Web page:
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RE: Fork Truck on elevated slab

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Paul,

Thanks for that bit of advice.  Actually, this is what the owner required I
do.  That is why I have such a high force of the front axle.  It includes
the full weight of the truck plus the load.  Then I have a reference that
says I should add 30% for impact.

Rich 
 

-----Original Message-----
From: Paul Blomberg [mailto:blomberg_az(--nospam--at)yahoo.com] 
Sent: Thursday, June 02, 2005 9:48 AM
To: seaint(--nospam--at)seaint.org
Subject: RE: Fork Truck on elevated slab

This won't help you with the current concrete
thickness issues but you can simplify the problem by
placing all the load on the front wheels.  Having
driven a forklift in my college days, I know that I
would often load the fork truck up until the rear
tires would barely touch the ground.  Steering was
done by lowering the load so the rear tires would grab
and drag the load on the ground until the turn was
completed.  While you are not supposed to do this, it
is done often.

Also, if you are in a temporary situation where the
contractor only needs to lift 2,000 lbs. and the floor
can just resist the load but the fork truck is rated
for 6,000 lbs., have the manufacturer adjust the
hydraulics to limit the lift capacity to the desired
load.  It takes the manufacturers rep less than 30
minutes for the adjustment.  Trust me, whomever is
operating that fork truck will some day take it to the
load capacity limits.

Paul.
Phoenix, AZ



--- Rich Lewis <seaint02(--nospam--at)lewisengineering.com> wrote:

> James,
> 
>  
> 
> Thank you for your response.  It was very helpful.
> 
>  
> 
> I have done some more research.  I was not able to
> get a full copy of the
> Bulletin 80 I previously mentioned.  I was able to
> find a good example
> problem on US Deck web page
> http://www.njb-united.com/usd/examples/example3.pdf 
> I was told this example
> problem is similar to the method outlined by the
> Steel Deck Institute
> publication.  This is the most detailed illustration
> I could find.  They
> treat effective width differently for shear and
> bending.  The effective
> width is based on how far away from the support the
> load is placed.  That
> makes sense to me since the closer the load is to
> the support, the less it
> can distribute out.  For my design, and I guess most
> designs, the critical
> shear occurs when the wheel is adjacent to the steel
> beam and the fork is
> running parallel to the beam.  The double wheel load
> is now in shear.  The
> downfall of this is that the second wheel, the one
> furthest away from the
> beam, should have a wider distribution then the
> inner wheel, the one closest
> to the beam.  I haven't found any guidance for how
> to reduce the outer wheel
> load.  If I use the effective width based on the
> closest wheel I get a slab
> thickness of 12.5" for shear.  I was thinking it
> should be less.
> 
>  
> 
> Rich 
> 
>  
> 
>  
> 
> -----Original Message-----
> From: Kestner, James W.
> [mailto:jkestner(--nospam--at)somervilleinc.com] 
> Sent: Wednesday, June 01, 2005 11:00 AM
> To: seaint(--nospam--at)seaint.org
> Subject: RE: Fork Truck on elevated slab
> 
>  
> 
> Rich:
> 
>  
> 
> It is not advisable to use a composite metal deck to
> support loads from fork
> trucks. As previously stated, the deck will become
> debonded from the
> concrete. We recommend a minimum of a 6" formed slab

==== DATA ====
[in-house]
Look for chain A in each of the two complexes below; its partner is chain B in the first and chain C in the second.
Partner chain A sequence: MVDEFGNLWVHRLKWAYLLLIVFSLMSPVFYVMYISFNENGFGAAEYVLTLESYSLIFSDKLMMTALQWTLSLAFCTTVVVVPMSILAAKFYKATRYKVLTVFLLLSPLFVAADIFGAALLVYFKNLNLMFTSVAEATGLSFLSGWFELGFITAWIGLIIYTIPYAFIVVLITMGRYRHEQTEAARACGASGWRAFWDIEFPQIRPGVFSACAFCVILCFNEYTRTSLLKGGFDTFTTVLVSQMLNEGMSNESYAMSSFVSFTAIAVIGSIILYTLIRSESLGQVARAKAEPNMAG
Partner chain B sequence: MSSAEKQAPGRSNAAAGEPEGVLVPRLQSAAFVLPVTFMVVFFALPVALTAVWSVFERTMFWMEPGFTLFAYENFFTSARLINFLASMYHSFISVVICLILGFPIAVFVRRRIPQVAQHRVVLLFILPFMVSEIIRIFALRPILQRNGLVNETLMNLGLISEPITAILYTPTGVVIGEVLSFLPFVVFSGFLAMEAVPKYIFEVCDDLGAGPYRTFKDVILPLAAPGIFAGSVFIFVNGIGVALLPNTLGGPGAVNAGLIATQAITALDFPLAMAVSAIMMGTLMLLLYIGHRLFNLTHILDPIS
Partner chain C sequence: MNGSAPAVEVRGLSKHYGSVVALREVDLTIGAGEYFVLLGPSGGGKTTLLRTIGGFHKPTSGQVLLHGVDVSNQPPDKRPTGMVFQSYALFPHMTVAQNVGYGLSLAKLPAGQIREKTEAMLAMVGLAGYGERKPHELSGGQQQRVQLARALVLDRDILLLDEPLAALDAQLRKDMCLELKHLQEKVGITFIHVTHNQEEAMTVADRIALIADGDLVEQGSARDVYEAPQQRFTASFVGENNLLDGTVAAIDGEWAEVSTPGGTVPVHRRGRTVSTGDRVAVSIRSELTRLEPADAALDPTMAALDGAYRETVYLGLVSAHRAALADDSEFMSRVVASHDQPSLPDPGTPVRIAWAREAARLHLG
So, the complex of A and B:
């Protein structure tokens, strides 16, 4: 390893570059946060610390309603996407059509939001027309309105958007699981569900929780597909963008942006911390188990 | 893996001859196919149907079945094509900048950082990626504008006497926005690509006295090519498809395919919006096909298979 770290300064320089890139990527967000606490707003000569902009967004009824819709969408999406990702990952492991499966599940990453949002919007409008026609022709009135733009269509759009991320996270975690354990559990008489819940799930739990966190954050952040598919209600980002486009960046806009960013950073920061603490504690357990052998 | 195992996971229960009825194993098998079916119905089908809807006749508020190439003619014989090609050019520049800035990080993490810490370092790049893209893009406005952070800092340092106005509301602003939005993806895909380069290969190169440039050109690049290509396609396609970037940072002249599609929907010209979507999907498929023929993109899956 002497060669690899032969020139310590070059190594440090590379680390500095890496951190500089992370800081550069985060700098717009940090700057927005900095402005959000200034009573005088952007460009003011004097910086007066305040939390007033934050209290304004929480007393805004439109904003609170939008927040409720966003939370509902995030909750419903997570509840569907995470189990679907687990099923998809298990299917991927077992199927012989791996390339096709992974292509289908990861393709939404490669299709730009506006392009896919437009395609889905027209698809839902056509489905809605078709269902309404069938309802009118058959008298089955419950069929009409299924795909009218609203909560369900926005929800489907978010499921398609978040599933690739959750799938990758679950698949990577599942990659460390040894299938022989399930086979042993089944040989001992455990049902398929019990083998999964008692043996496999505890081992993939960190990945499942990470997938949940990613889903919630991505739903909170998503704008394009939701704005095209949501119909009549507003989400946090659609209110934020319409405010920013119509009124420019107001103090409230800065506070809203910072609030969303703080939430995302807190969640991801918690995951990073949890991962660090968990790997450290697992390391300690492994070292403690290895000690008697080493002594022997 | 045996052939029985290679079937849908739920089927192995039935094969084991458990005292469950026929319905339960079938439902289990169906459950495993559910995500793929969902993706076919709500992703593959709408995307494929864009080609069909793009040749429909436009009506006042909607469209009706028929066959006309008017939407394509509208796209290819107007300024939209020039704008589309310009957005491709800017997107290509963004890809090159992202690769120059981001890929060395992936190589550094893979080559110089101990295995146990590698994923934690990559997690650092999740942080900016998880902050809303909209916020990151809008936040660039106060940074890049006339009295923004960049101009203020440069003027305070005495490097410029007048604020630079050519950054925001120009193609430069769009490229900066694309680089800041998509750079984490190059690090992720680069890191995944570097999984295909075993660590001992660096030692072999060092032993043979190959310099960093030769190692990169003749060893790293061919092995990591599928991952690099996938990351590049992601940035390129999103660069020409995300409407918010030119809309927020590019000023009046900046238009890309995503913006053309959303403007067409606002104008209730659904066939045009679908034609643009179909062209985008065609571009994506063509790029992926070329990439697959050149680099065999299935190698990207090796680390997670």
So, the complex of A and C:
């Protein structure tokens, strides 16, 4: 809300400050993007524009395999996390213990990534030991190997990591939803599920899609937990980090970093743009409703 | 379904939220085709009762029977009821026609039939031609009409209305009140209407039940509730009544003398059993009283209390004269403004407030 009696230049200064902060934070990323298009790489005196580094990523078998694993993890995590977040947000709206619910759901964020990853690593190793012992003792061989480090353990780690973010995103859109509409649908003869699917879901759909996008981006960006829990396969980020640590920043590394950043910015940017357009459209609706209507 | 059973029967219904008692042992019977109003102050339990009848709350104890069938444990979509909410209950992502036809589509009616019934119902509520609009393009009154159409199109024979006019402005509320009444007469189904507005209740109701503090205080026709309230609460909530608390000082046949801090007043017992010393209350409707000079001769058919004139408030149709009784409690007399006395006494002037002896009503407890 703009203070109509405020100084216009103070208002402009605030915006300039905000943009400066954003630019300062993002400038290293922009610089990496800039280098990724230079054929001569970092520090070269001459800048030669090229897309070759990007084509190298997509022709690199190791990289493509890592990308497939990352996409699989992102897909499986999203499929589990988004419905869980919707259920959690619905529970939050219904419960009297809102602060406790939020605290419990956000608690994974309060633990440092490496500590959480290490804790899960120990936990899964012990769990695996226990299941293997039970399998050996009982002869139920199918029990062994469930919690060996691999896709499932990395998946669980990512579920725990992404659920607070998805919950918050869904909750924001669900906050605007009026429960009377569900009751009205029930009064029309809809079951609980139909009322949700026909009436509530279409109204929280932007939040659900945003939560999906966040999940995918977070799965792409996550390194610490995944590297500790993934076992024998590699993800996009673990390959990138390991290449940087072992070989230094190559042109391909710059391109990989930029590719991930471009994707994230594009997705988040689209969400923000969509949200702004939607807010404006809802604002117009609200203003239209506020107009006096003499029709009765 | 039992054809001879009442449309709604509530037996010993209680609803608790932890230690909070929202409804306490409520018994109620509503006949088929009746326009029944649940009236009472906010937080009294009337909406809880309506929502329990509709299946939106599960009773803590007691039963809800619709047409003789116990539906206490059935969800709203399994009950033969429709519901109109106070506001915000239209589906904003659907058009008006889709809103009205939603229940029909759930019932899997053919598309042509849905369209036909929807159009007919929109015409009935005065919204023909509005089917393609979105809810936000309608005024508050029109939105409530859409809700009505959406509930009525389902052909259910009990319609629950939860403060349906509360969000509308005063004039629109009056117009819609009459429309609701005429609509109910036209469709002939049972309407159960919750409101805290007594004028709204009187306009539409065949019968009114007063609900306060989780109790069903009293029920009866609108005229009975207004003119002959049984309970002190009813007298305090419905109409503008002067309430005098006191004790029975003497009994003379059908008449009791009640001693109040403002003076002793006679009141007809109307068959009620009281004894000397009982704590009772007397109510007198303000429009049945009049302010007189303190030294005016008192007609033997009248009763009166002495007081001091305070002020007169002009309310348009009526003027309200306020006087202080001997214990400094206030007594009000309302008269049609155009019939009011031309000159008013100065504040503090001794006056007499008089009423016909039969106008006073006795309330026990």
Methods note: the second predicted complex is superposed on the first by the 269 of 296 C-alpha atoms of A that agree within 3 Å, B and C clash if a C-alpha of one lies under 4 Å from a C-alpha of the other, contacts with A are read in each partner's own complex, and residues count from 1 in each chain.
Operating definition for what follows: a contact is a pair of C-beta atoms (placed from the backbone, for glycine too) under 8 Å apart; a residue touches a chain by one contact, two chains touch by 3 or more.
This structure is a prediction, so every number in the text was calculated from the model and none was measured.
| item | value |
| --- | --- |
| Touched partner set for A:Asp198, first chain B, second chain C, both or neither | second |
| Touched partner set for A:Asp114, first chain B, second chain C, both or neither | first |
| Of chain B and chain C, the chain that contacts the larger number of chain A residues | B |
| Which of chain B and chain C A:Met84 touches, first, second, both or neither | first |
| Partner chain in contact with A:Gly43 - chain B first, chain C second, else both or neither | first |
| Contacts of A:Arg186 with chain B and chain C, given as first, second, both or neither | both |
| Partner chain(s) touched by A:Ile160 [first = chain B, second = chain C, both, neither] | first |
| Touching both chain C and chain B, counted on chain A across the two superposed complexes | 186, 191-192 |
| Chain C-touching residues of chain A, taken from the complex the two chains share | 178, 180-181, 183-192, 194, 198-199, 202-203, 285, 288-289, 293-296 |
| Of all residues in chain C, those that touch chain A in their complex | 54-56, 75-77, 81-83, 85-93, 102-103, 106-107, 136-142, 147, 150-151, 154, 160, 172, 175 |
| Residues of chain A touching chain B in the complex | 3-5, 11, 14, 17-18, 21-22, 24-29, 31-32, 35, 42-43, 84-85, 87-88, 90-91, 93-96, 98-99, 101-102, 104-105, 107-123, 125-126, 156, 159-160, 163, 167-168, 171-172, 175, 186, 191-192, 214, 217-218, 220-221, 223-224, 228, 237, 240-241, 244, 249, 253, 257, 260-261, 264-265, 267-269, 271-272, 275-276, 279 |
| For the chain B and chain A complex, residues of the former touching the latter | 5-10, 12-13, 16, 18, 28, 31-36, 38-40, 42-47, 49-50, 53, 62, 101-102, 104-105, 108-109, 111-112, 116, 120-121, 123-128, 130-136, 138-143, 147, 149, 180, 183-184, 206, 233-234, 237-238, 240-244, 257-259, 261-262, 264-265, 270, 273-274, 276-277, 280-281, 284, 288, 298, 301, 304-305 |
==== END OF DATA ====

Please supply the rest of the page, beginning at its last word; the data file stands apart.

> with top and bottom
> layers of reinforcing in each direction.
> 
>  
> 
> The effective slab width for computing bending will
> depend upon the contact
> area of the wheel load. A conservative effective
> width for bending would be
> 0.6 times the span, as long as the wheel load is not
> near a free edge. It is
> recommended that all edges be supported. Please note
> that this effective
> width is only for monolithic concrete slabs.
> 
>  
> 
> One very important point that cannot be overlooked,
> is that the overlapping
> stresses from adjacent wheel loads must be taken
> into account. If the the
> spacing between wheels is less than the effective
> width as described above,
> than it should be reduced to 1/2 the wheel spacing
> plus 0.25 times the span.
> 
>  
> 
> If two trucks are able to pass (for example, in an
> aisleway) than that would
> further reduce the effective width in a similar way.
> 
>  
> 
> It is important that bottom distribution steel
> (generally more than
> temperature & shrinkage steel) be provided at right
> angles to the main
> steel. It can be calculated similarly to a column
> footing with concentrated
> load(s) being spread out to the effective width.
> 
>  
> 
> Good Luck!
> 
>  
> 
> Jim K.
> 
>  
> 
>  
> 
>  -----Original Message-----
> From: Bill Polhemus [mailto:bill(--nospam--at)polhemus.cc]
> Sent: Monday, May 30, 2005 5:56 PM
> To: seaint(--nospam--at)seaint.org
> Subject: Re: Fork Truck on elevated slab
> 
> Rich Lewis wrote: 
> 
> The question I have is the effective width for slab
> to check the shear and
> bending.  Putting all the force in a 1 ft. wide
> strip for shear is overkill,
> but how wide is best?  Also, right now I am
> intending to use a slab on metal
> deck.  How to treat this verses a solid slab is also
> an issue.
> 
> Do you not just compute the punching shear strength
> of a prism of concrete
> whose small end is the loaded area?
> 
> Conservatively, the bottom of the prism is at the
> TOP of the metal deck.
> Again, conservatively the metal deck is not
> considered to contribute to the
> punching shear strength (although we know that's not
> true; a metal deck
> contributes a great deal especially in and through
> its in-plane stiffness).
> 
> (Still think I'm missing something vital in your
> question. If so, I
> apologize).
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